This content is provided for general informational purposes only, and is not intended to constitute investment advice or any other kind of professional advice. Before taking action based on such information, we encourage you to consult with appropriate professionals. We do not endorse any third parties referenced within the aforementioned article. Do not infer or assume that any securities, sectors or markets described in this article were or will be profitable. In addition, past performance is no guarantee of future results. There is a possibility of loss. Historical or hypothetical performance results are presented for illustrative purposes only.
Many Americans need at least $1 million invested to live off interest, but it varies. Explore how to live off interest and calculate how much you need for retirement.
What's Playbook? We're your friendly step-by-step app for growing your money and minimizing taxes so you can live the life you want, sooner. Learn more
Compound interest and passive income are great ways to build your wealth, but is it possible to live solely off interest in retirement?
The typical American could replace their $40,480 annual income when they retire by investing $826,122 and living off a combination of savings interest and investment returns (assuming an average annual retirement return of 4.9%). This would cover retirement for many Americans, but it’s not necessarily true for you.
Learn how to calculate your savings goal and advice for living off interest alone for your financial future.
The formula is relatively straightforward, but you need to identify a few important metrics first.
Start with your ideal future salary – how much money do you need each year to cover your expenses and lifestyle?
Then, estimate your interest rate based on the types of assets you’re investing in. These vary year-to-year, so use the lower value if you’re working with an average range.
With those two figures, you can work backward to determine your savings goal. Divide your ideal annual salary by the estimated annual interest rate, and you’ll get your savings goal.
Here’s an example using the median salary and a 4.9% interest rate:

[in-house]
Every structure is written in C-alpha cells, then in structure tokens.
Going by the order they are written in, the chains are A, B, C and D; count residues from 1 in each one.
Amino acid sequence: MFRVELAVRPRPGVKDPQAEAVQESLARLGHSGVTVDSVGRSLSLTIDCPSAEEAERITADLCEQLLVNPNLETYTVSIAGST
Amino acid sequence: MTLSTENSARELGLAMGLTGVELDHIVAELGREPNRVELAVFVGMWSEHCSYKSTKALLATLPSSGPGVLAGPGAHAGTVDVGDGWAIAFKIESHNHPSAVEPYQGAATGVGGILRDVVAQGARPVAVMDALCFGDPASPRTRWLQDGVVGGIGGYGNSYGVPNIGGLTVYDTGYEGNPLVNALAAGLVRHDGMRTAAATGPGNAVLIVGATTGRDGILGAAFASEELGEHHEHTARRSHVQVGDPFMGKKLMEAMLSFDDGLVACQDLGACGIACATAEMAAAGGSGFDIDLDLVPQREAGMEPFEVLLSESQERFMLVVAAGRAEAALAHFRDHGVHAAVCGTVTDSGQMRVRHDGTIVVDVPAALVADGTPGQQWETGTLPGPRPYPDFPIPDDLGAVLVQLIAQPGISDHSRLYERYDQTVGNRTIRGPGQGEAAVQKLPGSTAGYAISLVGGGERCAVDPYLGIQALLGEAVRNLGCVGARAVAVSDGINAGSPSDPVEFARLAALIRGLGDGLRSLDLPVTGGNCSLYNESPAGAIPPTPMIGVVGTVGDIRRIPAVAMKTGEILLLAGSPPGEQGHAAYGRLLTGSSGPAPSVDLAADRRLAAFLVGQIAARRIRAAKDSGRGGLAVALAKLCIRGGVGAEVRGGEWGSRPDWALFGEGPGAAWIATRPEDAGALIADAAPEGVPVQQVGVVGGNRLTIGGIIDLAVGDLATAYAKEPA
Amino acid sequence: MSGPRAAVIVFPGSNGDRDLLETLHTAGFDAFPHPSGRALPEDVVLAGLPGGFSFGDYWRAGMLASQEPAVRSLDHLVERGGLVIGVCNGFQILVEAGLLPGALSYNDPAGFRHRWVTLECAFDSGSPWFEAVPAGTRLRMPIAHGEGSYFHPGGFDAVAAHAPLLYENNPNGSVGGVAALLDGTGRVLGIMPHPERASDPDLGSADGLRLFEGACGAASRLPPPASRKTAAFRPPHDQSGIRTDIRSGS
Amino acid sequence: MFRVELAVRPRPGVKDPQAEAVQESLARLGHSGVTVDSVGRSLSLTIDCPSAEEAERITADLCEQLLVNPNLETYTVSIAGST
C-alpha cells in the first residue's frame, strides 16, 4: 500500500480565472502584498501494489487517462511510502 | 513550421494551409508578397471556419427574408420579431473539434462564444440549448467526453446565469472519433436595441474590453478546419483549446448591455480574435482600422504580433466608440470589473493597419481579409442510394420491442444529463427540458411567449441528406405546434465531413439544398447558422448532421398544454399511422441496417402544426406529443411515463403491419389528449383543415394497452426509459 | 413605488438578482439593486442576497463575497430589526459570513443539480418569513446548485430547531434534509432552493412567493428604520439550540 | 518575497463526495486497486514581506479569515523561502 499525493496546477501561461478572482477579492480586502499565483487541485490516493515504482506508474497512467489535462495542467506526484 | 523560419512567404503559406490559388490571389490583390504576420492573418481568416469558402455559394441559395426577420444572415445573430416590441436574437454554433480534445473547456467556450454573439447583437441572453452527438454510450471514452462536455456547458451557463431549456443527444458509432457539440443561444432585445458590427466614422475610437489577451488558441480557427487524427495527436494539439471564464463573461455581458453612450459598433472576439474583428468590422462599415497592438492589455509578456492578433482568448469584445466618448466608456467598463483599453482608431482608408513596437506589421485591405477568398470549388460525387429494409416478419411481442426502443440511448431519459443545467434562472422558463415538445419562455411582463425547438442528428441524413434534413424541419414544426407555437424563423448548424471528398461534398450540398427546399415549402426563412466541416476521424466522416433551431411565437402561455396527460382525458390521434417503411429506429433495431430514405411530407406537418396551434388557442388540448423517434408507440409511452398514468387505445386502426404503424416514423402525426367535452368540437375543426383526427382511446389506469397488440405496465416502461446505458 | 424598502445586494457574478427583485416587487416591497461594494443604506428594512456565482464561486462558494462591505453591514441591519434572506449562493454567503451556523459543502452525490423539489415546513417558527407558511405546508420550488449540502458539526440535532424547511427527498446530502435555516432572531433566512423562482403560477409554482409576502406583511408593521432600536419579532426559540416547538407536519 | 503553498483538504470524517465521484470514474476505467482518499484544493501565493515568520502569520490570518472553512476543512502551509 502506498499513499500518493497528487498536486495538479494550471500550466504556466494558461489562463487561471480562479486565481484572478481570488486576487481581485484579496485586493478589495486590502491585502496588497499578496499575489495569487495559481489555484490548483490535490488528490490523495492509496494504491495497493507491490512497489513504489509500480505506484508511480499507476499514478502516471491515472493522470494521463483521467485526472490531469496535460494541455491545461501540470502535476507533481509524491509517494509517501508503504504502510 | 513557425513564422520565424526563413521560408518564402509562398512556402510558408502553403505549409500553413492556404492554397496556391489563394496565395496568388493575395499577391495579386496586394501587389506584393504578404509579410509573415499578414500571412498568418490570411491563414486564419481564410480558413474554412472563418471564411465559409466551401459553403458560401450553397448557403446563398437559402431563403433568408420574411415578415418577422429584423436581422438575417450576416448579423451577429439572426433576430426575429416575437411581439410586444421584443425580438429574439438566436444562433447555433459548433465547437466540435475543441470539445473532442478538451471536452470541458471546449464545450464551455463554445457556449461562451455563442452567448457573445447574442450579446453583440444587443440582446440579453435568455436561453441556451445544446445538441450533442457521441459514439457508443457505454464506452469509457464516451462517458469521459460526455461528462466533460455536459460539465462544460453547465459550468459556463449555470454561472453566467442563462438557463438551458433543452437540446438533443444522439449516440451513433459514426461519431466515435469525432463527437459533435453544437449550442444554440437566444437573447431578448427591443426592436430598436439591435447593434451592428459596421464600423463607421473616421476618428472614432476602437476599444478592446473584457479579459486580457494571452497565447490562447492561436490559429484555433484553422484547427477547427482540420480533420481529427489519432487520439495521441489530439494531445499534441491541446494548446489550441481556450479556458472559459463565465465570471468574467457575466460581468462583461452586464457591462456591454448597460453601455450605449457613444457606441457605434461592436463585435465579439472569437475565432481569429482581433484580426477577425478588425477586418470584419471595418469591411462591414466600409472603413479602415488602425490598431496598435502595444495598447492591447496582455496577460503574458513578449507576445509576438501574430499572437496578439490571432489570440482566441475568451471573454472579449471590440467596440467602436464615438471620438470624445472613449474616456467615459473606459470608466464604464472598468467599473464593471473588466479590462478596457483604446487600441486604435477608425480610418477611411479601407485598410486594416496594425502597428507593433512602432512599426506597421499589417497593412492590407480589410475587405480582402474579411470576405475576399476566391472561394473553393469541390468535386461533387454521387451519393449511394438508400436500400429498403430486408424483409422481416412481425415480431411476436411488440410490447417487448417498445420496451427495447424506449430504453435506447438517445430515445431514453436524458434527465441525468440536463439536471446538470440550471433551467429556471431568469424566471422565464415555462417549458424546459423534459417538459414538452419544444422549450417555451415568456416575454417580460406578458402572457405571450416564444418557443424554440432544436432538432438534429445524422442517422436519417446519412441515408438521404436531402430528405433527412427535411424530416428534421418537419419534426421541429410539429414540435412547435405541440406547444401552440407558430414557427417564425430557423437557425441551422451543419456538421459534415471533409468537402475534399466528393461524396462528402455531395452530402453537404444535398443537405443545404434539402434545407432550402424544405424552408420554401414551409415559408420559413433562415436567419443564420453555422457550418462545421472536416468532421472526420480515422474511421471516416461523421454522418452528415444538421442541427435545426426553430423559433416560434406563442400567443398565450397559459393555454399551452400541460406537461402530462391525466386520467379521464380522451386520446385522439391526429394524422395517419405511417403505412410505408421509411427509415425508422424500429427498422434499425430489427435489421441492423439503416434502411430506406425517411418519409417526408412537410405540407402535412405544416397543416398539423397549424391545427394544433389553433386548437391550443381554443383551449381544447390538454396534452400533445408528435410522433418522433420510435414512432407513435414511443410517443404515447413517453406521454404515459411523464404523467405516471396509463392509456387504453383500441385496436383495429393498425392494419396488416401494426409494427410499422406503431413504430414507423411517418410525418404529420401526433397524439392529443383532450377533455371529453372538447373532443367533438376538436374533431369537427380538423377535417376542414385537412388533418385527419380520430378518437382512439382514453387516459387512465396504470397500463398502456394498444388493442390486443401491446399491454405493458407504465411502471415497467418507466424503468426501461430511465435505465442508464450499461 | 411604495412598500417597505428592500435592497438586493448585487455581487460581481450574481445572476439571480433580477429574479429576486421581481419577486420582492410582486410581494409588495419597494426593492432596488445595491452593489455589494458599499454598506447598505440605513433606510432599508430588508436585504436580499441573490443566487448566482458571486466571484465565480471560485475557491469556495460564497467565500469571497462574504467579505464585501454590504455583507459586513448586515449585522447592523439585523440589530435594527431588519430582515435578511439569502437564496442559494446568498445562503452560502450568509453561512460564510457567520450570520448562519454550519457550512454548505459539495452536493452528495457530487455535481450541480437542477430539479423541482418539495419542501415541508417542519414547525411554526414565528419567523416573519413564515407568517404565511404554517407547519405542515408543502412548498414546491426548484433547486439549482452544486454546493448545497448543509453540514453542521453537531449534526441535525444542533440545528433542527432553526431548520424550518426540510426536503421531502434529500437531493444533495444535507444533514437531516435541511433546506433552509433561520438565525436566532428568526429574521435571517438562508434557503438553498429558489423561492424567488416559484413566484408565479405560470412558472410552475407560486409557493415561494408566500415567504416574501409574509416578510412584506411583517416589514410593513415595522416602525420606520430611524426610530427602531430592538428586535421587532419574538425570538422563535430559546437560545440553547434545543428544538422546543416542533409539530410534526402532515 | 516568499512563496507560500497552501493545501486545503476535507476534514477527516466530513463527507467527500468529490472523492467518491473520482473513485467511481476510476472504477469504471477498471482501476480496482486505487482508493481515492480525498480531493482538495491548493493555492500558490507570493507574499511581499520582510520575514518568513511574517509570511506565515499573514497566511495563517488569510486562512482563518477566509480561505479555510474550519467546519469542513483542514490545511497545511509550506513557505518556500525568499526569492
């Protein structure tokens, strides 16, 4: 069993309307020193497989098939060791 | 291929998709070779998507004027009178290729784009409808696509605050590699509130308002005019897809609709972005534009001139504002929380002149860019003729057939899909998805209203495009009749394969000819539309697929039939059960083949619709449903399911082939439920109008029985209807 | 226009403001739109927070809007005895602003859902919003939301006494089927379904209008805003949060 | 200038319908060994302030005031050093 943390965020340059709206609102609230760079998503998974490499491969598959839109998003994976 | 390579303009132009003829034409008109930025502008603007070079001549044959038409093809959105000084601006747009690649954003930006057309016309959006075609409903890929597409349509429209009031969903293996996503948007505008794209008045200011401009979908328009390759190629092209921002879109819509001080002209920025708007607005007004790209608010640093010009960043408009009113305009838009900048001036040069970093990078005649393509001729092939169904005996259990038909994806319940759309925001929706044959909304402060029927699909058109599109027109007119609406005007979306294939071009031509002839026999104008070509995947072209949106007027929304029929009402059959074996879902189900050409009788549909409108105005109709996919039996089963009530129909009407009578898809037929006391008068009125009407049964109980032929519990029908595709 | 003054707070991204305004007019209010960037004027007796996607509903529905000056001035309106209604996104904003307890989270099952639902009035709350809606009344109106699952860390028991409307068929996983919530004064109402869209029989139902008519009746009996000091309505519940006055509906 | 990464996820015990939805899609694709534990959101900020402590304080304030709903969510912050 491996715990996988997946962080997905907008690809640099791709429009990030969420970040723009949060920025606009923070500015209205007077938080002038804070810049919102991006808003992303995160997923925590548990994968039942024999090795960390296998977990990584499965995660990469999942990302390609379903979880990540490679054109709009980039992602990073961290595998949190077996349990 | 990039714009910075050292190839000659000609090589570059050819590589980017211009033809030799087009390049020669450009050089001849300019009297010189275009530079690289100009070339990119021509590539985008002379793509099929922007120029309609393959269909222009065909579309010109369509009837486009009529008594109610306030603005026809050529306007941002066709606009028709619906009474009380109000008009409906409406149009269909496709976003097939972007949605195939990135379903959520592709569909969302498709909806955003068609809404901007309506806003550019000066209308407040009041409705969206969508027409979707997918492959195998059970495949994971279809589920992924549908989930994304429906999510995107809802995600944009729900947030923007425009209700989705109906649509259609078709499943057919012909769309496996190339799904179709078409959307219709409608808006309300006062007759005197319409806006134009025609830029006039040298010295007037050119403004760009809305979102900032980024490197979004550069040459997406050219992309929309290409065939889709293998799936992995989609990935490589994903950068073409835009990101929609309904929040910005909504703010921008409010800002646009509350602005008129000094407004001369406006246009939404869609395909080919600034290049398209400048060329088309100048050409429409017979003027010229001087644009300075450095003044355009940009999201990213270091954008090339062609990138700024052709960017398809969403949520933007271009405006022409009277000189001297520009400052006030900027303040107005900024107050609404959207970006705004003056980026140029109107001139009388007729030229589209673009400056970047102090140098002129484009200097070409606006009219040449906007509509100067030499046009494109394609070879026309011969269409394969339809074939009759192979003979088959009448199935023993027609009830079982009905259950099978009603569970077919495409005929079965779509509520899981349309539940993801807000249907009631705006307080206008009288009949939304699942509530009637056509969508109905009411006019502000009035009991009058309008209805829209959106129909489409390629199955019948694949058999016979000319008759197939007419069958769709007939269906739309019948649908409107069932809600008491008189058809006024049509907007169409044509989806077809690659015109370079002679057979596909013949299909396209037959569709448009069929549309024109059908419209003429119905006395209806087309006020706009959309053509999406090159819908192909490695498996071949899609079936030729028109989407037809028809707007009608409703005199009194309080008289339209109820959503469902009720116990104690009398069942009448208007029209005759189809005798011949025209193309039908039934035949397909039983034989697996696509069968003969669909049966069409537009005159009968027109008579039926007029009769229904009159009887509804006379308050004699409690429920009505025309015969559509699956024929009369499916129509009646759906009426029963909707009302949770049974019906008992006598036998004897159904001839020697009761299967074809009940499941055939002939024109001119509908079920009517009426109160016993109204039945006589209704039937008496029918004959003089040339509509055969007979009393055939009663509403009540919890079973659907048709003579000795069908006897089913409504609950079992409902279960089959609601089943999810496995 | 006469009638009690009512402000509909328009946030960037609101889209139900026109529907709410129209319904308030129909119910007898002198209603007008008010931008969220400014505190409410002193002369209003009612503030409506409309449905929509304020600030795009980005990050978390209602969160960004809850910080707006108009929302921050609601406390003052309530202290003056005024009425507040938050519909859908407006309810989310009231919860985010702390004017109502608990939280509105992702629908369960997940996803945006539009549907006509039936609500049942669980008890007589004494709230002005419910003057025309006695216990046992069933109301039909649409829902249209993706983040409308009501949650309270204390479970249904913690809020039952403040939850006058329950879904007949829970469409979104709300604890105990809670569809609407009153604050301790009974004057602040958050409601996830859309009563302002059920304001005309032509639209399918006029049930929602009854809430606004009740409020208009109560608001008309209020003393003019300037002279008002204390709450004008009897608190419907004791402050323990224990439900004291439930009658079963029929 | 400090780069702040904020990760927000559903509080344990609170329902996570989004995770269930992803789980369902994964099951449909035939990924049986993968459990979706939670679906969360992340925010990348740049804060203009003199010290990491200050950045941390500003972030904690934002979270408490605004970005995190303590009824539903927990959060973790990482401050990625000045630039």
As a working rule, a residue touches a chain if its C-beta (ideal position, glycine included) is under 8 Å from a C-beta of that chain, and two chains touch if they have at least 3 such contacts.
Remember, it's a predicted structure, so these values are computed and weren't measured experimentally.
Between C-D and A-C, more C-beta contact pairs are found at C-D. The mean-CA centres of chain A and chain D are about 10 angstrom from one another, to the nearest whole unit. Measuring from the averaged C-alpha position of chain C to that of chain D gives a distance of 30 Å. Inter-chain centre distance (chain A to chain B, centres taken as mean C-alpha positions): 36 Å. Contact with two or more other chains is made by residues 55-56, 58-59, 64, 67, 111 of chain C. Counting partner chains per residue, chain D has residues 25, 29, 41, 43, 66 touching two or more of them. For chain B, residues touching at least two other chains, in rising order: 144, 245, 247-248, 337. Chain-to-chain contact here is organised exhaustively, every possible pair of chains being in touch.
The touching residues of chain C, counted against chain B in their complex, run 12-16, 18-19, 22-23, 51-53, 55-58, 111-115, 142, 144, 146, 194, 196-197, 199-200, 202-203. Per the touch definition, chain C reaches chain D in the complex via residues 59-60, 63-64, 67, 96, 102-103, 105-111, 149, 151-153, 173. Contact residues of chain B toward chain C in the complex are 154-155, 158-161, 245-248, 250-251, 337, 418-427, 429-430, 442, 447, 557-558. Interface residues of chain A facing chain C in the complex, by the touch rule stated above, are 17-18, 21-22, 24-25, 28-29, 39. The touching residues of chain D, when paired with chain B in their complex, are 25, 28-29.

In this example, you’d need to invest $826,122 to earn $40,480 in interest each year.
This investment is not a part of your future income, and withdrawing from the principal would reduce your interest income. Also note that most plans compound, so any unused income from interest can increase your invested balance and future income.
You can also reverse the formula and start with a savings amount to determine how much you’d earn in a year in interest. This is helpful if you want to see how your current savings strategy tracks, or if you want to begin with a savings goal and see if the salary is livable.
If you’re planning to live off interest for the long term, consider the impact of inflation and evolving personal needs.
Inflation protections are particularly important since cost of living increases reduce how far your salary goes. If inflation increases more than you anticipated or it’s higher than your interest rate, you might not be able to continue living off of interest alone.
It’s possible, but it isn’t realistic for everyone. Living off of interest relies on having a large enough balance invested that your regular interest earnings meet your salary needs.
Rest assured that you don’t need to earn a million dollar paycheck to reach your goal. Savings accounts with compound interest growth will do a lot of the heavy lifting, but it might take decades of regular contributions to get there. Investments can also earn significant returns, but they’re subject to market fluctuations that can affect your balance.
Once you have enough saved that your annual interest gains cover your expenses, only withdraw the interest earned that year. If you withdraw too much and reduce your account balance to less than your savings goal, you won’t generate enough interest to cover your expenses until you restore the account balance.